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Next Practices in Business Service Management



IT Financial Management – A Critical Ingredient for Business Service Management
by Bob Multhaup

As a CIO with an MBA in Finance, I learned I needed to care a lot about the ‘numbers’ of my IT function, but had none of the systems, expert staff, or for that matter the bean counting discipline that the Finance Department next door had at their disposal. In other words I was running a pretty good size IT business without a semblance of a Finance Department, Marketing Department, or any department that had any objectives other than madly building new applications for users whose main personality trait was to complain about the costs of their latest and greatest projects.

So I knew I wanted to apply Business Service Management principles to the job since that is the only salvation of a CIO who wants to align costs to value and measure service performance. And then I recalled in the dim haze of my MBA days, that there was a difference between Financial Accounting and Managerial Accounting. I always pretty much hated Financial Accounting since it required recording every insignificant transaction that an IRS bureaucrat would just love to audit (actually I have only the highest regards for anyone associated with the IRS and their entire extended families), but I had always enjoyed Managerial Accounting, since it involved planning and measuring the actual performance of an organization, and the numbers didn’t have to be perfectly balanced! So my premise in this article is to explore the advantages of developing a Managerial Accounting Model of the IT Business as a means to manage an IT function, as opposed to thinking that buying a new Financial Software package would solve all Financial Management problems.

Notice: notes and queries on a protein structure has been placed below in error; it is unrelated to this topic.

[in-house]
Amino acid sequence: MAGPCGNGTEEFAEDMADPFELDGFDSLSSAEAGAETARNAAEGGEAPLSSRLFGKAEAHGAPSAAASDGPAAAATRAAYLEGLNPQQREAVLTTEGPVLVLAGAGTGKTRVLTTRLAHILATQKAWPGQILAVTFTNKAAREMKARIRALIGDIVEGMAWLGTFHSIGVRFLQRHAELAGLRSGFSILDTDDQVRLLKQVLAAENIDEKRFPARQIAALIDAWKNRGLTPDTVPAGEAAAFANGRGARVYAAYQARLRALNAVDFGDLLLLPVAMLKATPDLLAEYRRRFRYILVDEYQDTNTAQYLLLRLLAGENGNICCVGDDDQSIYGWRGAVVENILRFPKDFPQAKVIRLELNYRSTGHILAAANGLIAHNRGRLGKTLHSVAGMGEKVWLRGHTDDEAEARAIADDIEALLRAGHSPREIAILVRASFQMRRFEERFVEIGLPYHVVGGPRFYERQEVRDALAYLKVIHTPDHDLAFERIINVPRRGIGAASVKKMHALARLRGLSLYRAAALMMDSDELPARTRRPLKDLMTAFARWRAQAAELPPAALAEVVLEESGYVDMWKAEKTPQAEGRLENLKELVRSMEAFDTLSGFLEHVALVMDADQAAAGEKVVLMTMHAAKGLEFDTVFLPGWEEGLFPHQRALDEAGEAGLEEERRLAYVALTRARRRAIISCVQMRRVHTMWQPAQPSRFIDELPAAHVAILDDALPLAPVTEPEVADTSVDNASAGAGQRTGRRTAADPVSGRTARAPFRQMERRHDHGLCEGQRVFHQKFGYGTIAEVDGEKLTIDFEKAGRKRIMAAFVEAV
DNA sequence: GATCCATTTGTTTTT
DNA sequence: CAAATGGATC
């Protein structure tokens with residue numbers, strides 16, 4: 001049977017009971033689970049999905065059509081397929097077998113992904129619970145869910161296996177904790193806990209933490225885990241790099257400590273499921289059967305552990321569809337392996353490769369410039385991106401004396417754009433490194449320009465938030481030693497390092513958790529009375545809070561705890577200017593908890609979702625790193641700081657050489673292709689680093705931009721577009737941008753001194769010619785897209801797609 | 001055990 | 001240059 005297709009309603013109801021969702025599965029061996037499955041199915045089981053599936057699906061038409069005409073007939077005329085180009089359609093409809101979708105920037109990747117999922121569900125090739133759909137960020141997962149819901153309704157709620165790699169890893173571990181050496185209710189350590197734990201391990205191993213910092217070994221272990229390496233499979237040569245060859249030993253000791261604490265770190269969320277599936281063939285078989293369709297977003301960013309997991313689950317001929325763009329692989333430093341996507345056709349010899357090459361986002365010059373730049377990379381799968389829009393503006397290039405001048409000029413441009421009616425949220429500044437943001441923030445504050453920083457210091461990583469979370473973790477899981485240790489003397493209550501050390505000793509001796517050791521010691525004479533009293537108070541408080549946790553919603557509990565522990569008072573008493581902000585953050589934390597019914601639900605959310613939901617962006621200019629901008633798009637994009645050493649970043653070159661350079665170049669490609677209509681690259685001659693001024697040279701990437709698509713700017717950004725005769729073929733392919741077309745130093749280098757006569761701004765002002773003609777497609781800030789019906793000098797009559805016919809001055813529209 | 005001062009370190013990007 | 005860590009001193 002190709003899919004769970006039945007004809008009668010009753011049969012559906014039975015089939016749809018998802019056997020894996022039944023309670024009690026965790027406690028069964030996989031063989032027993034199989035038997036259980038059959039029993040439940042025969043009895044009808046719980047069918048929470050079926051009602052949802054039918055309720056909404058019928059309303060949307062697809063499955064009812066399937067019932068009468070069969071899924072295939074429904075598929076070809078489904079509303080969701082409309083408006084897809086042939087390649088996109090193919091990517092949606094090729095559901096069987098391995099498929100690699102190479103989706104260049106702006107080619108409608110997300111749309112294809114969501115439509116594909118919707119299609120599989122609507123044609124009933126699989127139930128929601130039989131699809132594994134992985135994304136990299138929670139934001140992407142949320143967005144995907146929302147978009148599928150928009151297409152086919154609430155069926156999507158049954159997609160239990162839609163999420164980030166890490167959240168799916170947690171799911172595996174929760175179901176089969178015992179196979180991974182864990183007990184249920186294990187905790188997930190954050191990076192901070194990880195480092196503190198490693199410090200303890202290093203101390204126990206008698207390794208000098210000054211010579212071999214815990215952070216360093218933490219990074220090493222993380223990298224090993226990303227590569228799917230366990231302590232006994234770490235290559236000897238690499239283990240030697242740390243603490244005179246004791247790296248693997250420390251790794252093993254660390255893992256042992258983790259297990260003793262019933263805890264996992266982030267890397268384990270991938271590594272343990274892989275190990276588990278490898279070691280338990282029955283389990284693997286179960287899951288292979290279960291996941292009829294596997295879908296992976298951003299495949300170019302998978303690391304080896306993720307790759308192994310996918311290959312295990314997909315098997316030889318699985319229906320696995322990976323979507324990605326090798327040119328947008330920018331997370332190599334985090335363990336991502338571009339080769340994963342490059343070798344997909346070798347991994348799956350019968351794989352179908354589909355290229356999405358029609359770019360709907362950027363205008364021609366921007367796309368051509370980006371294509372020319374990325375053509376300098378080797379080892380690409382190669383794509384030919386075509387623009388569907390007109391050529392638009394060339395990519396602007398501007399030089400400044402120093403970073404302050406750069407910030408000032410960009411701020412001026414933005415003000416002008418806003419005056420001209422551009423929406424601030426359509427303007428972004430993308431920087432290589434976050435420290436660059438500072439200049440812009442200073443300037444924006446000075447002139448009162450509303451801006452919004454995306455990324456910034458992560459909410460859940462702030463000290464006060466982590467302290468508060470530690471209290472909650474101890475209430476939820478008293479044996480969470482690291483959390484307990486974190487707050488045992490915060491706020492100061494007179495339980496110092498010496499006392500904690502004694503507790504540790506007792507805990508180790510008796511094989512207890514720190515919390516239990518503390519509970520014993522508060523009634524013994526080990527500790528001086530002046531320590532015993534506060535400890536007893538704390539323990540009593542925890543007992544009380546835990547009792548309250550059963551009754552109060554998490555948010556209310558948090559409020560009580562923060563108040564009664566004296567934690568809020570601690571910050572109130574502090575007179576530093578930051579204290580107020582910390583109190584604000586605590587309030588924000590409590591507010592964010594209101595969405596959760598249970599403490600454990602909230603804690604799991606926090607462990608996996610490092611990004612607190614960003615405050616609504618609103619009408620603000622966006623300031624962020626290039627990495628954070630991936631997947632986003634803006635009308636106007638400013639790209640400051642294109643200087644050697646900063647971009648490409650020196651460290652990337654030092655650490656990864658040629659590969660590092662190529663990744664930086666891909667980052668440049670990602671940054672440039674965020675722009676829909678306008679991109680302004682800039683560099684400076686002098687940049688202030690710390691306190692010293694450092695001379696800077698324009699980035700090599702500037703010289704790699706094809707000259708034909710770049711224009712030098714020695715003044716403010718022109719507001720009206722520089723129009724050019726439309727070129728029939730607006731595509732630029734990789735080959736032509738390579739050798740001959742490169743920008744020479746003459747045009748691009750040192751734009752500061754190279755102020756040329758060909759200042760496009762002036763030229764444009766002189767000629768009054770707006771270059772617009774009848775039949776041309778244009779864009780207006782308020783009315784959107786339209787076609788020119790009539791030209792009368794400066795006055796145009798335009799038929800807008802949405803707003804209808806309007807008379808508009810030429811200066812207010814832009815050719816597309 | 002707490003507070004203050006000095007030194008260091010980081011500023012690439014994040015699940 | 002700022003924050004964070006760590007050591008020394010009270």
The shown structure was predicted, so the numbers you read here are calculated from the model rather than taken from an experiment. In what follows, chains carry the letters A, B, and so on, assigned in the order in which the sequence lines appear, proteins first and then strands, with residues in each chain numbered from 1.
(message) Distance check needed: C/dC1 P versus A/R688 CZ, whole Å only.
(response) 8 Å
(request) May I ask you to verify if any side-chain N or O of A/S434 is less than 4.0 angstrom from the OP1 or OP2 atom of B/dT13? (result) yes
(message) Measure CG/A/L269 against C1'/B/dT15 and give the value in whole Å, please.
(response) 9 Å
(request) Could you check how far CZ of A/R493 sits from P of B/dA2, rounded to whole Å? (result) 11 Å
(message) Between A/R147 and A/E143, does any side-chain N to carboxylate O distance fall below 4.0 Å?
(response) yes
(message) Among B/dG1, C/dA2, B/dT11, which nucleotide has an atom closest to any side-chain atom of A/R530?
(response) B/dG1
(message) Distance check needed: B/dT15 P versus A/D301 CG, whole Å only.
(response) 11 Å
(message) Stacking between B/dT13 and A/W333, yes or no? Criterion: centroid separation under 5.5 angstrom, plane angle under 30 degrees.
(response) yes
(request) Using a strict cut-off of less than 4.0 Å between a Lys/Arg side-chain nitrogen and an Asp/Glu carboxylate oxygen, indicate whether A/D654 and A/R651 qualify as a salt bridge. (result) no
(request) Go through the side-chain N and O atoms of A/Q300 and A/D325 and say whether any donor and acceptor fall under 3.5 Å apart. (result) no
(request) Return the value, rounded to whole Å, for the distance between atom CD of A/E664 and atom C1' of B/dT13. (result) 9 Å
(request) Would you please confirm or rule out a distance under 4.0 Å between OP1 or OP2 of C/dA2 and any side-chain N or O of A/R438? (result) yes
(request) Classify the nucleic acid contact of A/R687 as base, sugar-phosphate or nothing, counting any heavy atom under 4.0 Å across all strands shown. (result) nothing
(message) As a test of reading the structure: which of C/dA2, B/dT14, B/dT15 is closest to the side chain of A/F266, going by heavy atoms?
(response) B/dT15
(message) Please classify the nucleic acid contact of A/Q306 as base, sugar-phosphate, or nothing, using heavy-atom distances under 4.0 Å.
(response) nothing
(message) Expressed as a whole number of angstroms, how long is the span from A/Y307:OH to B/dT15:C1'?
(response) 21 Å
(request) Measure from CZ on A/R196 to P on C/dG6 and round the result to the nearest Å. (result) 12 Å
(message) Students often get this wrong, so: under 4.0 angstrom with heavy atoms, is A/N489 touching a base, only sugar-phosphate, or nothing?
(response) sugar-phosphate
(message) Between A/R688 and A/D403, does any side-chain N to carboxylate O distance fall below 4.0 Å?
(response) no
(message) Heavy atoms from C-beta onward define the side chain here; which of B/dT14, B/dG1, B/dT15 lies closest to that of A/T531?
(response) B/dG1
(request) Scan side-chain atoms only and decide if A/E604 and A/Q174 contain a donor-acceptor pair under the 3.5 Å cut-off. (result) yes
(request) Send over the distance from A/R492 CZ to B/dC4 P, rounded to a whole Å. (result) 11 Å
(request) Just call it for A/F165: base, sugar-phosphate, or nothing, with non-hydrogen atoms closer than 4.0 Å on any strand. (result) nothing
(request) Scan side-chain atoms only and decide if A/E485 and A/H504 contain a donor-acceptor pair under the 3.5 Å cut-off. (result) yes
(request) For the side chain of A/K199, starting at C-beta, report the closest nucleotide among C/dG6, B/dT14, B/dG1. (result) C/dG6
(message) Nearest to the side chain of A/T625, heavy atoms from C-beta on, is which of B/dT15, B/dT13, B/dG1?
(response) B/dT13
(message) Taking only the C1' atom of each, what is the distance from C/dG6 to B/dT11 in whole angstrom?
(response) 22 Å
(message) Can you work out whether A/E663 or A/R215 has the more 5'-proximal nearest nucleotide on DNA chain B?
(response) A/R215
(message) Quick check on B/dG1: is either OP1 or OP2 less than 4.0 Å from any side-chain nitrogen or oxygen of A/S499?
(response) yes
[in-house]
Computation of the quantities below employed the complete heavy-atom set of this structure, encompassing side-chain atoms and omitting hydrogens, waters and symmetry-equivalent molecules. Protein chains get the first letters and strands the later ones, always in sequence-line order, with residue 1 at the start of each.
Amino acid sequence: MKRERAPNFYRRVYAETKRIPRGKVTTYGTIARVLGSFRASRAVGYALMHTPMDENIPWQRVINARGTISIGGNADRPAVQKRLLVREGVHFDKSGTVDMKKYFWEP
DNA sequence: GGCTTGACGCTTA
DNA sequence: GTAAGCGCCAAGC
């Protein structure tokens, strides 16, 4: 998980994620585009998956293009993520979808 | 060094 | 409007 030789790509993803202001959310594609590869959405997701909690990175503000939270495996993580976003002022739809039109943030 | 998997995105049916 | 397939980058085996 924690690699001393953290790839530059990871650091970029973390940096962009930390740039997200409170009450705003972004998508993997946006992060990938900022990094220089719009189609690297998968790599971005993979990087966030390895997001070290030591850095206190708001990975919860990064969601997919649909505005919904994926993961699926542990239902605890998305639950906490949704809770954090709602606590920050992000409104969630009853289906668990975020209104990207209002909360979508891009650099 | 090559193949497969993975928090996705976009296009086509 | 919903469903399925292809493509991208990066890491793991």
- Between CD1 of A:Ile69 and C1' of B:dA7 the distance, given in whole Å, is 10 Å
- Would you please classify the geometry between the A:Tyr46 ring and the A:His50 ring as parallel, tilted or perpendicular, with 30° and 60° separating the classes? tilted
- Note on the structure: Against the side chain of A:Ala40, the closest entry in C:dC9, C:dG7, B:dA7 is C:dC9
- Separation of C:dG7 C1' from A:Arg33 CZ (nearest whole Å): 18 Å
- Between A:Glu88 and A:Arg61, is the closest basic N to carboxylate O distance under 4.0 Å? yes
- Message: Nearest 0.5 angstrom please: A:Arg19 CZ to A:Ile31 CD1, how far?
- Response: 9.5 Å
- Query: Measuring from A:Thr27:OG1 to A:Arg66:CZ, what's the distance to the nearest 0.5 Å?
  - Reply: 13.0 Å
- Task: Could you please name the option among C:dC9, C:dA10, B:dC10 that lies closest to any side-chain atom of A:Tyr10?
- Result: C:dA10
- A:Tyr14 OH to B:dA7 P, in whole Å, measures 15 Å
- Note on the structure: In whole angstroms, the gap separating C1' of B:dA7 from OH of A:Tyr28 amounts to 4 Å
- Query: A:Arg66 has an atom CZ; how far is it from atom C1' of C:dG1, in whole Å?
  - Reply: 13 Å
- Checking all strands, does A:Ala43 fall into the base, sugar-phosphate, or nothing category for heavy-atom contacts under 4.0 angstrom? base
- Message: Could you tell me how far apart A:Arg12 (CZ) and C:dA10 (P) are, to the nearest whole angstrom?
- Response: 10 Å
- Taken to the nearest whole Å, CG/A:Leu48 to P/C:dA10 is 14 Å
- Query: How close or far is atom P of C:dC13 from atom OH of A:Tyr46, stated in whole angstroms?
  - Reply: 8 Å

To start on the Model, the first question to ask is ‘What is the data that I need to pull together to plan, budget, track, measure, and forecast where the IT Business is going?’.  Most companies have a pretty good set of various scattered files that are keeping track (or not) of important aspects of the IT business, but they are not connected. What’s interesting is that the typical financial data tracks only a small portion of data that is needed (in addition to normally being nearly impossible to interpret what the heck each journal entry was actually for).  However the financial data does represent the only true cost data for IT, and should be used as the Financial Baseline to tie and reconcile all other cost data into. The other key data comes from asset ledgers, the PMO, server lists, contract files, IT planning documents, budgets, etc. And the key is to wrap all this data around the IT Services that they support. So no matter what solution one plans, these data sources are the only data that you have. It’s a sort of forced unhappy Medieval-like marriage, so the trick is to mash this data together into a meaningful model!